On Feb. 15, House Speaker Nancy Pelosi announced the creation of a “9/11-type Commission” designed to apprehend the perpetrators of the Jan. 6 Capitol Riot. This is the absolute last thing that anyone in Congress should be worried about.
A part of me understands why this happened. Over the last few years, more and more policymakers have begun valuing ideology and perception over actual, physical reforms. This is why Donald Trump’s second impeachment trial took place at all, even if there was little chance of it actually succeeding. It is as if they hope that, by being on the “right” side of history, the American public will value their “contributions” for years to come.
However, there is a clear and obvious thing wrong with valuing ideology over all else: namely, that there are no future “contributions” to analyze, as there has been no concrete change in sight.
This has especially been true as it pertains to COVID-19 aid. Because the global lockdown last year caused massive job loss across the board, there are still millions of Americans struggling to pay their bills and support their families. Things have especially turned dire over the past week in Texas, as Winter Storm Uri has left the majority of the state without power or adequate heating. If there were a time for stimulus checks to arrive, it would be now.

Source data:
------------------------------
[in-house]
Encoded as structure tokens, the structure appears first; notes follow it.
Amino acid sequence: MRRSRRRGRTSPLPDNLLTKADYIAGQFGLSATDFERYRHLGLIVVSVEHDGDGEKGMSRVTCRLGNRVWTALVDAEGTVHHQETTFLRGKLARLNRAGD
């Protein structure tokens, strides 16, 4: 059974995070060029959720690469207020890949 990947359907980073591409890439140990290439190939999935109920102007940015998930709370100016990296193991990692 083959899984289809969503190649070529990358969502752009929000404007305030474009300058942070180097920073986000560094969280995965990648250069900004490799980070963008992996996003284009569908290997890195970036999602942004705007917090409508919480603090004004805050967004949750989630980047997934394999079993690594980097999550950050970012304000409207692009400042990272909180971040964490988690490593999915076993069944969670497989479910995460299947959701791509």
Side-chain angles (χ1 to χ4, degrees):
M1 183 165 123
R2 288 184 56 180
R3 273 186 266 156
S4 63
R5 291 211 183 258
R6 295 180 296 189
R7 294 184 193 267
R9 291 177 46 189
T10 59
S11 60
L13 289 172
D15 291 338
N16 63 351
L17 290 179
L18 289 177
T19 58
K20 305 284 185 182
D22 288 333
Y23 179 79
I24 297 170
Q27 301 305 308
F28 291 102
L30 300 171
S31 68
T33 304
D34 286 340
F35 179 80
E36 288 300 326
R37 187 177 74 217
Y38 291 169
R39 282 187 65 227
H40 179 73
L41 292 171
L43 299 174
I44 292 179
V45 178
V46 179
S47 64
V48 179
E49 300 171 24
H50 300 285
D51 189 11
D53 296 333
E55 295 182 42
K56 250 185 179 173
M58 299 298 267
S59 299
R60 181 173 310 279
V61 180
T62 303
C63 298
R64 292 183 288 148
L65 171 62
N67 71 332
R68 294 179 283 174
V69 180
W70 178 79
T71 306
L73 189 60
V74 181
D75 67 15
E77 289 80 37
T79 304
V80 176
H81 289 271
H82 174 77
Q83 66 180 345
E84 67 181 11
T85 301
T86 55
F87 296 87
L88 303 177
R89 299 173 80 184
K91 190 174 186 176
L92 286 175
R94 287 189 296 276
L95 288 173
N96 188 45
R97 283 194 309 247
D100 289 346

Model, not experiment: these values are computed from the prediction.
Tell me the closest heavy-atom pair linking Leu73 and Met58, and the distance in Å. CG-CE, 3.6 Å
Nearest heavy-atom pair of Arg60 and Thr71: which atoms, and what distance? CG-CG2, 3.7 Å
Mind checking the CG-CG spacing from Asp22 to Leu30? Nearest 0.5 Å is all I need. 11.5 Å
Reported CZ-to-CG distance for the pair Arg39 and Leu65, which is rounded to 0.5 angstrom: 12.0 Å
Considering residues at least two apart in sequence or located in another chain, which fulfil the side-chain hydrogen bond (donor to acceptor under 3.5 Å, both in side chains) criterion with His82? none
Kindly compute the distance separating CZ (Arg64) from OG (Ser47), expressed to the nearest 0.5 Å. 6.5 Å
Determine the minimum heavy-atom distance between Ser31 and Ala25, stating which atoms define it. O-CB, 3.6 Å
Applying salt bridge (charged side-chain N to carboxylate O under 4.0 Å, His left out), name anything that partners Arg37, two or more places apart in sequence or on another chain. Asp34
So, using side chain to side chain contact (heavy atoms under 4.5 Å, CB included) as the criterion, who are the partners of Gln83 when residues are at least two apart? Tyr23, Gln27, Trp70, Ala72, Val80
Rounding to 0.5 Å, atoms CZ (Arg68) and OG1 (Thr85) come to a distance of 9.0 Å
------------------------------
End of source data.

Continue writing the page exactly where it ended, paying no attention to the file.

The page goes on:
But day by day, it seems as though the mere concept of stimulus checks have turned into a punchline. Congress has fought over the specifics of Biden’s proposed COVID relief package for weeks now. There is still a lot of confusion over when people will receive checks, how much the checks will be and where people can find additional help due to outstanding situations. In the meantime, Pelosi and the rest of the House of Representatives have made the second impeachment and Capitol Riot commission their priority.
This intense focus on denouncing the Trump administration has become ridiculous. Yes, there is good reason to denounce Trump and his horrific policies. But the past few weeks have reeked of Democratic grandstanding.
Then again, this is probably because we are in the beginnings of Joe Biden’s presidency. Biden has never used his policy work to win voters. He instead markets himself as anti-Trump and only as anti-Trump. Even during the Democratic primaries, Biden’s campaign could have just as easily used “Not Trump” as a slogan. So it should be no surprise that this is the exact attitude he’s gone into his presidency with.
Yet there is a difference between “working to fix problems” and “pretending to fix problems”, and Biden has spent the first few weeks of his presidency doing the latter. Biden’s administration is so focused on getting the ideological win over the Trump administration that they have discarded the concerns of the public. Instead of focusing their efforts to provide COVID-related aid for millions, there is a “9/11-type Commission” to address a far less pressing issue.
It’s incredibly ironic that Pelosi’s letter mentions George Washington’s stance against parties as a way to justify the Jan. 6 commission. In actuality, the Biden administration’s constant harping on the Capitol Riot shows the dangers of “cunning, ambitious and unprincipled men” using governmental powers for their own ends.